Google trims its services portfolio

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Google trims its services portfolio

Google is sweeping away several services from its lineup in what it calls a "spring cleaning."

"Spring has now arrived and we’re ready to close or combine another round of products," Matthias Schwab, director, Cloud Services for Google, wrote in Google's official blog Friday.

"Focus is crucial if we are to improve our execution. We have so many opportunities in front of us that without hard choices we risk doing too much and not having the impact we strive for."

Among the features to be discontinued will be Google Sync for Blackberry, no longer available for download after June 1; Google Flu Vaccine Finder, ending immediately; One Pass, a payment feature for online publishers, now closed; and Picasa for Linux, which will no longer be maintained.

Users of Google Sync for Blackberry can switch to Blackberry Internet Service or Google Apps Connector for Blackberry Enterprise Server, which the company said offers "better overall service."

Google is also setting a one-year timeline in which to end support for several APIs. They are Google App Engine, Google Cloud Storage, Google Maps/Earth APIs, and YouTube API. The company said this is a common industry practice and does not mean it is ending support for the APIs themselves.

Last September when it conducted housecleaning, Google cut 10 products from its portfolio, including Desktop and Google Web Security.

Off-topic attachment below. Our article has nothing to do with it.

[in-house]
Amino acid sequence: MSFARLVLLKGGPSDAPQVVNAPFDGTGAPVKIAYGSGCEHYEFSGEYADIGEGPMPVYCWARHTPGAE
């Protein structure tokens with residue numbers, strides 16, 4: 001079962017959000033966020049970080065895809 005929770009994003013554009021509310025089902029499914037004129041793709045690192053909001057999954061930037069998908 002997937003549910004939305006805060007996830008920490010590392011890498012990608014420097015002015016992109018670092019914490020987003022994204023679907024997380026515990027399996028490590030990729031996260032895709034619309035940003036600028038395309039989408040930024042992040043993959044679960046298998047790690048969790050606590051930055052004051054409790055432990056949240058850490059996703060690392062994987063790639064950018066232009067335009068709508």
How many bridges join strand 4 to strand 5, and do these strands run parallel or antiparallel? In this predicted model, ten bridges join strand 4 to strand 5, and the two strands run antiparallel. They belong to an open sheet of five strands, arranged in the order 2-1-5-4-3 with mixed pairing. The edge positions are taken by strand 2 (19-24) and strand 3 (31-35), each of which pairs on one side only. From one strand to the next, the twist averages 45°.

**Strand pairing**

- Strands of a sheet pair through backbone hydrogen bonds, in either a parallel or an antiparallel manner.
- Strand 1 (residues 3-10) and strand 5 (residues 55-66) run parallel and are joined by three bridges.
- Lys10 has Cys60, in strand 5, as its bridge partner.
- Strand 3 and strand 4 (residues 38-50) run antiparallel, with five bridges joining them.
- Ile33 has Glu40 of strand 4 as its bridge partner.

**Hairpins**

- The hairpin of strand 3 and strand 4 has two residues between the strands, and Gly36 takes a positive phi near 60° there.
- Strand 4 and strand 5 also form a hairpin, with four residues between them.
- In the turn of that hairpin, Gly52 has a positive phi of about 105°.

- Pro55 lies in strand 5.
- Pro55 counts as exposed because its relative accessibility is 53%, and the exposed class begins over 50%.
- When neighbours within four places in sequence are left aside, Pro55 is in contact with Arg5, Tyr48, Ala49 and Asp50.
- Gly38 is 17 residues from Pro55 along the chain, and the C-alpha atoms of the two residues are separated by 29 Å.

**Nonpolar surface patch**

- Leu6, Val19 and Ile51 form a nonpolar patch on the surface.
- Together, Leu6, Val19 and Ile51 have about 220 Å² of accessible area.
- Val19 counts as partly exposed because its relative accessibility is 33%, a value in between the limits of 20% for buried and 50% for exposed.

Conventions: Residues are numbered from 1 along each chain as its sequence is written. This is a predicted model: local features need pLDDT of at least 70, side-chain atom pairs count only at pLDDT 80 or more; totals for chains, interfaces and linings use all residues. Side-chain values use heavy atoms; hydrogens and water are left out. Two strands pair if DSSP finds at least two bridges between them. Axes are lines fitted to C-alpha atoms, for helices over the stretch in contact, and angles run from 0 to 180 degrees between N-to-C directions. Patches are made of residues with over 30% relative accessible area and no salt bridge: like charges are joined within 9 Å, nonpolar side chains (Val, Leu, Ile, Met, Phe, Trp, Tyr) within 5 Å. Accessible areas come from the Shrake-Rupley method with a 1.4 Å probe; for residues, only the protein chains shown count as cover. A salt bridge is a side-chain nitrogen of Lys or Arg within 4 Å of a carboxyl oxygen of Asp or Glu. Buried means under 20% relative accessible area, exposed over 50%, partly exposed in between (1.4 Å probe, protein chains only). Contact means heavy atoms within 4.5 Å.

Such trimming keeps the company focused on developing the most popular products, said Crisantos Hajibrahim, head of business development for Google reseller ViWo, which received Google's Premier Partner status for the SMB business.

Their managers are like generals, he said. "They look at the battlefield and say, 'Let's refocus where we will do well,'" he added.

However, Hajibrahim said he regrets the demise of Google Health, the company's health records platform that was discontinued in June 2011. ViWo had developed an application to support Google Health. "I think they pulled the plug too early on that," he said.

Patrick Monahan, president and owner of Iron Cove Solutions, of Los Angeles, which offers Google Message Security, agreed that Google for the most part is making normal economic decisions in determining which services to drop. "If it (the service) is not making money, they won't support it."

In the case of Google Sync for Blackberry, he said, "it must have been a bear to keep synchronised."

"They probably see RIM Blackberry as a dying device," he added.

 

This article originally appeared at crn.com

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